I'd like to present our project for which the Bullet library is a crucial part. Maybe you can answer some related questions.
We, my colleague Oliver Walter and me, Kai Kostack, are working on an add-on for Blender which enables the user to simulate building collapses in a scientifically accurate way. This is done through creation of physically plausible constraint relationships between rigid body elements and calculation of breaking thresholds based on civil engineering formulas.
This development is part of an EU funded project, named "Inachus". The project in general examines measures to improve the first response in case of catastrophic events like earthquakes or explosions etc. A particular part of this project is the simulation of the effects that catastrophic events have on built structures. We are working for the Laurea University in Finland and we have partners like the Fraunhofer EMI and Applied Science International (ASI) helping us to validate our results. The code is already available and released under the GPL.
Here are two examples:
https://youtu.be/TCJq_2-q34k?list=PLGYn ... 2TSL9w9hTc
https://youtu.be/yu2bQtIS69g?list=PLGYn ... 2TSL9w9hTc
We had the opportunity to present the tool at the Blender conference last year:
Paper: https://inachuslaurea.files.wordpress.c ... xtract.pdf
Add-on for Blender: https://github.com/KaiKostack/bullet-co ... ts-builder
For news updates you can visit our dedicated blog and the official Inachus website:
When testing all kinds of setups you learn a lot about a physics library. While Bullet follows real world physics very accurately and consistent in many ways, there are some phenomenons that we have no explanation for yet.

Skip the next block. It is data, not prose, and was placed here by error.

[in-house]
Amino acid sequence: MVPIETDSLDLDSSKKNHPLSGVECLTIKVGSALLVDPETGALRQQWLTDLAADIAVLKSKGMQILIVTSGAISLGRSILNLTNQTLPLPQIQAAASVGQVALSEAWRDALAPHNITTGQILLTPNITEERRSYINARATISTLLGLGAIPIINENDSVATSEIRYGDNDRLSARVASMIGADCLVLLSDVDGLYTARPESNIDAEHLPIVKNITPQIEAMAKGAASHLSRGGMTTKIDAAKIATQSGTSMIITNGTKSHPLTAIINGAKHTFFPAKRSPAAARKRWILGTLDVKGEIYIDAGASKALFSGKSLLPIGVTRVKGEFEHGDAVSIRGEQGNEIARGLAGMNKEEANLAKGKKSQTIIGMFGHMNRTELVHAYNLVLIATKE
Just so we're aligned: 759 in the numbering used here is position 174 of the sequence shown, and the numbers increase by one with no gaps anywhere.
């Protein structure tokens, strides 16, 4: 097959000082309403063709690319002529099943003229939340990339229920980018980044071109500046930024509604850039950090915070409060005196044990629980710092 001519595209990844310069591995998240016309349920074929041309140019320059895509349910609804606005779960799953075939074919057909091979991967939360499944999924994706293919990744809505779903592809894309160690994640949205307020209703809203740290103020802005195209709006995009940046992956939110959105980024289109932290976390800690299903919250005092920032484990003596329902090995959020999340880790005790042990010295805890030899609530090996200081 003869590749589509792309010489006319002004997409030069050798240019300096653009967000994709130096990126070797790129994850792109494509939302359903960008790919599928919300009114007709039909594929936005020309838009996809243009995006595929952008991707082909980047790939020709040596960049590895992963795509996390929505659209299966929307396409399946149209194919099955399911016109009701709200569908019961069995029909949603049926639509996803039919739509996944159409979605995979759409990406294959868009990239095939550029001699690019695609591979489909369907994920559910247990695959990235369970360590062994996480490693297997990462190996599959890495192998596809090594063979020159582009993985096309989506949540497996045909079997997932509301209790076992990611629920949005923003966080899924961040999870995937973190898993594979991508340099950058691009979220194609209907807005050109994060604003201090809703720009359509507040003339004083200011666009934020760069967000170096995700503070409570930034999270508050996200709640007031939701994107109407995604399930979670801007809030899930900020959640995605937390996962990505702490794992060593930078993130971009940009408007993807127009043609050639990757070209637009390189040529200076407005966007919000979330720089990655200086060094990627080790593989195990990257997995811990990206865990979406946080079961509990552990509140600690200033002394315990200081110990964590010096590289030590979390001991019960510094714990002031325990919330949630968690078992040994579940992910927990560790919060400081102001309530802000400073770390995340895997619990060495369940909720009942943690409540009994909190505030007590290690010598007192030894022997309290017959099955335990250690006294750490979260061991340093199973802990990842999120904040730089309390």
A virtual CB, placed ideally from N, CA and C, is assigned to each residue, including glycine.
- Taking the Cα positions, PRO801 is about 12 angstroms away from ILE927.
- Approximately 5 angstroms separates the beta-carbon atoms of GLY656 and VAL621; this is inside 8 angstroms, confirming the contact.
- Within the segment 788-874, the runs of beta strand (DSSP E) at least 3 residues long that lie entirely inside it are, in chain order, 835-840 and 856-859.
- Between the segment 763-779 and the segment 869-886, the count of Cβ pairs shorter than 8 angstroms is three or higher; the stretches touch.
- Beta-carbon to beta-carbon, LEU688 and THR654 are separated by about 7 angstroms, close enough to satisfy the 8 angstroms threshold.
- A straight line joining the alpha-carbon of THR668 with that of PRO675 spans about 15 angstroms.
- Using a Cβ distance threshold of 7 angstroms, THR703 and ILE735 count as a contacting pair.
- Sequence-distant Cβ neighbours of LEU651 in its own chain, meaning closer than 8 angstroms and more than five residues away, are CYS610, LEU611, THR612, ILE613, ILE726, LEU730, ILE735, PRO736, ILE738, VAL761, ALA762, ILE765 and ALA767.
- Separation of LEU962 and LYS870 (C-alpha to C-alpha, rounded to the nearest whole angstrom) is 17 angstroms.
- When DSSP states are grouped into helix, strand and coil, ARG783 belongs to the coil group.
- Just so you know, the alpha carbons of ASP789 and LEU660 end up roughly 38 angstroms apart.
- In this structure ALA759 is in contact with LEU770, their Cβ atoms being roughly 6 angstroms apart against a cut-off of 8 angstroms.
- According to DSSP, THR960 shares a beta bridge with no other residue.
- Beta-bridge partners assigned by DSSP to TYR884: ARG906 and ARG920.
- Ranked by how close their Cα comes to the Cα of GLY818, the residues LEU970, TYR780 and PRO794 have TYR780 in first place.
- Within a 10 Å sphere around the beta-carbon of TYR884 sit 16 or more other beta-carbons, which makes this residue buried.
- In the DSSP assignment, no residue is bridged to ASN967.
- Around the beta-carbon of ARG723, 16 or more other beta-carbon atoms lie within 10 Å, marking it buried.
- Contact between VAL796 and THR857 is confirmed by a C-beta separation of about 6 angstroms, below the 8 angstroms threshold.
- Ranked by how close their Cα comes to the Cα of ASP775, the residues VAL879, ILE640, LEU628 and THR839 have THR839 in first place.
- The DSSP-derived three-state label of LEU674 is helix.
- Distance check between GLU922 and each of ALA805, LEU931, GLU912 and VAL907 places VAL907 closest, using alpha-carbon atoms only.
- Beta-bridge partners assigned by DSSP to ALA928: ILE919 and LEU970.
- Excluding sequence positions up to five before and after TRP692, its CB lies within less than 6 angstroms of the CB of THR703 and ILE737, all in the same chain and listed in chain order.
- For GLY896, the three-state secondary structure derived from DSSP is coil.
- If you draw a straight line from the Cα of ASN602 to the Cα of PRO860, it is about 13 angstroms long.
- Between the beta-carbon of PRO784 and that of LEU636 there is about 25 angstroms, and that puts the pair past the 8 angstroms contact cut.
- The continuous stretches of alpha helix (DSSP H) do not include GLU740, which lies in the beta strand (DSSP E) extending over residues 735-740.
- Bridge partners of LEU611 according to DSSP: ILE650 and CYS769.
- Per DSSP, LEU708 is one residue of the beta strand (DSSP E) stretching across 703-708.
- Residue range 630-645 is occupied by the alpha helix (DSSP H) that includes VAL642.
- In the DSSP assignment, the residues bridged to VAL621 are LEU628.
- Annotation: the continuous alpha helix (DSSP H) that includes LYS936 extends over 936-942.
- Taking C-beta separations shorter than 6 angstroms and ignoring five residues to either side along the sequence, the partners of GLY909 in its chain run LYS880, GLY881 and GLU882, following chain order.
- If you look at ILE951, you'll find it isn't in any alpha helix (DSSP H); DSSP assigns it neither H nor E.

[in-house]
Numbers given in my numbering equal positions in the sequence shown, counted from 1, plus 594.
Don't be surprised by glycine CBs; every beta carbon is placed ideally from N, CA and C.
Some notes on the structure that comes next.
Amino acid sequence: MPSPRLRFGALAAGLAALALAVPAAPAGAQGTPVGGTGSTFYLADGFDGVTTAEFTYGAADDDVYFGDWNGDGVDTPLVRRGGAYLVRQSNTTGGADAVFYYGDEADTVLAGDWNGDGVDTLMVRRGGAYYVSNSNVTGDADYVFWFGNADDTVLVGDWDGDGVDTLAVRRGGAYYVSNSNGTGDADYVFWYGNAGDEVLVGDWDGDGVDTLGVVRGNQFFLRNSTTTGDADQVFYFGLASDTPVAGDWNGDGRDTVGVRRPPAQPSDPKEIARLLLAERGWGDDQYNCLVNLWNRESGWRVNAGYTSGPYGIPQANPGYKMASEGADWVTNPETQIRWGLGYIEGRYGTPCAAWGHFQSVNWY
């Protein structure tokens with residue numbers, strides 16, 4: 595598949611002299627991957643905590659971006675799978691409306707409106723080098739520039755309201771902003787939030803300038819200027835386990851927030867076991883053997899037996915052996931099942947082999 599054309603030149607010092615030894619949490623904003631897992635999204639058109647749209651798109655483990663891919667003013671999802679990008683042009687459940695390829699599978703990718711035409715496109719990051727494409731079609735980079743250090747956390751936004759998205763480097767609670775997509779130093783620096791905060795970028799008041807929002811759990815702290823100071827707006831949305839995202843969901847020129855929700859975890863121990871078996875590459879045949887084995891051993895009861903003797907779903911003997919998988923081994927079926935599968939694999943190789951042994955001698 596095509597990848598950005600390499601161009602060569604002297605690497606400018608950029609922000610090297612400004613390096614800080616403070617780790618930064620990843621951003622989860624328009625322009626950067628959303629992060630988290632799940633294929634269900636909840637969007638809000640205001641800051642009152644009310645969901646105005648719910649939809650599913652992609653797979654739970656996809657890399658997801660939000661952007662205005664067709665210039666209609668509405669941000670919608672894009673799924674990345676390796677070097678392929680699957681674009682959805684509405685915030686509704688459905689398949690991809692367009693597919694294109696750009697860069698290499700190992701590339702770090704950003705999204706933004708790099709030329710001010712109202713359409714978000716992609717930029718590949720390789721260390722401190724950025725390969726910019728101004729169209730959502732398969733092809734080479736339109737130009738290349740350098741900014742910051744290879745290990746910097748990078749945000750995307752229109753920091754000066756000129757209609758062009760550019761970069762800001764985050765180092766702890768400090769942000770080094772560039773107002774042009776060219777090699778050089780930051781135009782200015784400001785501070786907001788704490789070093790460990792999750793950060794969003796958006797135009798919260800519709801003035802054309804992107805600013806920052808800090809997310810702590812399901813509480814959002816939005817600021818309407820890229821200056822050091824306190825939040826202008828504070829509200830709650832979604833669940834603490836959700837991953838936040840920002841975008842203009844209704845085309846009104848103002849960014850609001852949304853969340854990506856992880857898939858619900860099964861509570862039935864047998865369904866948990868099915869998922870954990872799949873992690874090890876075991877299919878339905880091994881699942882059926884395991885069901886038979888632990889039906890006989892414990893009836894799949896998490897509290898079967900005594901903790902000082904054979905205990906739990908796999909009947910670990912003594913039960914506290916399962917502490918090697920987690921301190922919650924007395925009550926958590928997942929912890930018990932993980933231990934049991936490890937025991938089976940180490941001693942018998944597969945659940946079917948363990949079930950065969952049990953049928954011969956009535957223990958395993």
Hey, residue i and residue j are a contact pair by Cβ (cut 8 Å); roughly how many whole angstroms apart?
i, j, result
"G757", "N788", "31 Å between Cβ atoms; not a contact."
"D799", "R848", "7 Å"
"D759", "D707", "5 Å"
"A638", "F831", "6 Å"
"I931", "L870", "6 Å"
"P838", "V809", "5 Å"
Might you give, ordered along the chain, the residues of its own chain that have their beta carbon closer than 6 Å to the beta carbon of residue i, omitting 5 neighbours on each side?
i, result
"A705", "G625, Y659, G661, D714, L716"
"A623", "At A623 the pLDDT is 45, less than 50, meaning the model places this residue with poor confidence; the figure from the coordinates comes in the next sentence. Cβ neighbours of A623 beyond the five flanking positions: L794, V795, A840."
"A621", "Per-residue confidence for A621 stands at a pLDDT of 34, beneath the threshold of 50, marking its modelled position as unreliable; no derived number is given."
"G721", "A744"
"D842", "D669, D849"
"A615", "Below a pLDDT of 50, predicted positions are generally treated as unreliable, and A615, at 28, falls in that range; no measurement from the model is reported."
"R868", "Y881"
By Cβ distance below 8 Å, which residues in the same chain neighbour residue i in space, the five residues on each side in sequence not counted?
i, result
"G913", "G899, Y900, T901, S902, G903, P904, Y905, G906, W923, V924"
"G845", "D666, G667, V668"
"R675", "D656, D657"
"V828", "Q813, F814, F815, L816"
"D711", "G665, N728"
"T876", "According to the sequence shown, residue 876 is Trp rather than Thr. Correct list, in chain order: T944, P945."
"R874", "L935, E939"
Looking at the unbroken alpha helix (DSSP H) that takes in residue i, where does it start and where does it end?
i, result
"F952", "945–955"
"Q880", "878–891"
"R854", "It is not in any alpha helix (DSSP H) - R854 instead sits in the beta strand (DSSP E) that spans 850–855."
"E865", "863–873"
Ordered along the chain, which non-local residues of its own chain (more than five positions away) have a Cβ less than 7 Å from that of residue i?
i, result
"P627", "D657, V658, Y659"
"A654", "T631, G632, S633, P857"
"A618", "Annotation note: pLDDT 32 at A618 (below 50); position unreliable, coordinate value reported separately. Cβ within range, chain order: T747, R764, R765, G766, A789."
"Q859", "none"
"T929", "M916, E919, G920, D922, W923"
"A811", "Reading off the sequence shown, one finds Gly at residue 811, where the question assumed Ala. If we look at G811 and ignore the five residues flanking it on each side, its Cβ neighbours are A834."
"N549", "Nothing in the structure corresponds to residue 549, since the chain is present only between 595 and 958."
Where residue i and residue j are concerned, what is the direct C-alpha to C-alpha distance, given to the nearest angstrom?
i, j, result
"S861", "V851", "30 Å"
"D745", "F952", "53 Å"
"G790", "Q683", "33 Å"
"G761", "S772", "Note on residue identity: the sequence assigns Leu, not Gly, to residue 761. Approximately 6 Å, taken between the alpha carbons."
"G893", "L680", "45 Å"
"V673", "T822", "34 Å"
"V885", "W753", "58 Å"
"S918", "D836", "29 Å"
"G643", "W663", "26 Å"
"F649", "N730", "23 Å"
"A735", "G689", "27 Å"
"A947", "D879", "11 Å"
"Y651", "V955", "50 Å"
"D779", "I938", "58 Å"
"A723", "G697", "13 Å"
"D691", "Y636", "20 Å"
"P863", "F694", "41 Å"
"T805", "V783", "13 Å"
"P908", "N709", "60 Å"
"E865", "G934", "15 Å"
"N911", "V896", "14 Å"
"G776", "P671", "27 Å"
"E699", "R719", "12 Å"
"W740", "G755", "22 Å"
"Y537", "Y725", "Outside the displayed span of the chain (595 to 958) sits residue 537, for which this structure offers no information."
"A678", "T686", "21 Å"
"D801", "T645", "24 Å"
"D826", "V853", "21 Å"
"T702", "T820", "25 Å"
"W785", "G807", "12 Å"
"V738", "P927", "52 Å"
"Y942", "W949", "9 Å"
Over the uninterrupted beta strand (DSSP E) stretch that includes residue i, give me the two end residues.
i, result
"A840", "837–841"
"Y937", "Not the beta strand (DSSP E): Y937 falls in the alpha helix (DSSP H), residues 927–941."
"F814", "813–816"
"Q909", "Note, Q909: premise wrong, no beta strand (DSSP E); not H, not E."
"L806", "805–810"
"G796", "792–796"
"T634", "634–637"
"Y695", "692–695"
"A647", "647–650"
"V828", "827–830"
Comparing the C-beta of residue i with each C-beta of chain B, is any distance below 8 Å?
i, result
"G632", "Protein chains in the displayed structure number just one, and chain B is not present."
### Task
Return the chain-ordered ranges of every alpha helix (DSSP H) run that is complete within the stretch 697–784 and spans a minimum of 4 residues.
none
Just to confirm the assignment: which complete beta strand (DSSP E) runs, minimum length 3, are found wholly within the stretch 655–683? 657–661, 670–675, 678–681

For instance we have noticed a strong and noisy deviation for angular breaking thresholds of 6dof constraints from the real world. We have tested chains of cantilevers of different dimensions and compared the simulation results to our calculated results. See the attached diagrams for the differences.
Even large changes of the numbers of simulation steps per second or constraints solver iterations didn't reduce the problem. I thought it could be partially caused by precision errors so we tried to compile Blender with DOUBLE_PRECISION enabled for Bullet, which led to changes of the pattern but I would have expected more significant changes (second image).
We would like to know the technical reasons for this behavior for our report.
The time scale of the simulation obviously has influence on the strength of the breaking thresholds indirectly, but apparently it only affects linear forces but not the angular forces in a 6dof constraint. I think this would lead to inconsistent behavior for all time scales != 1. Can this be a bug in Bullet itself?
That's it for now. We'd like to thank Erwin Coumans for this wonderful library.
Kai & Oliver
Show what you made with Bullet Physics SDK: Games, Demos, Integrations with a graphics engine, modeler or any other application
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- Torques with generic 6dof constraint
- test_torque-with-generic.png (137.22 KiB) Viewed 11439 times
- Torques on double precision
- test_torque-with-generic_double-precision.png (135.19 KiB) Viewed 11439 times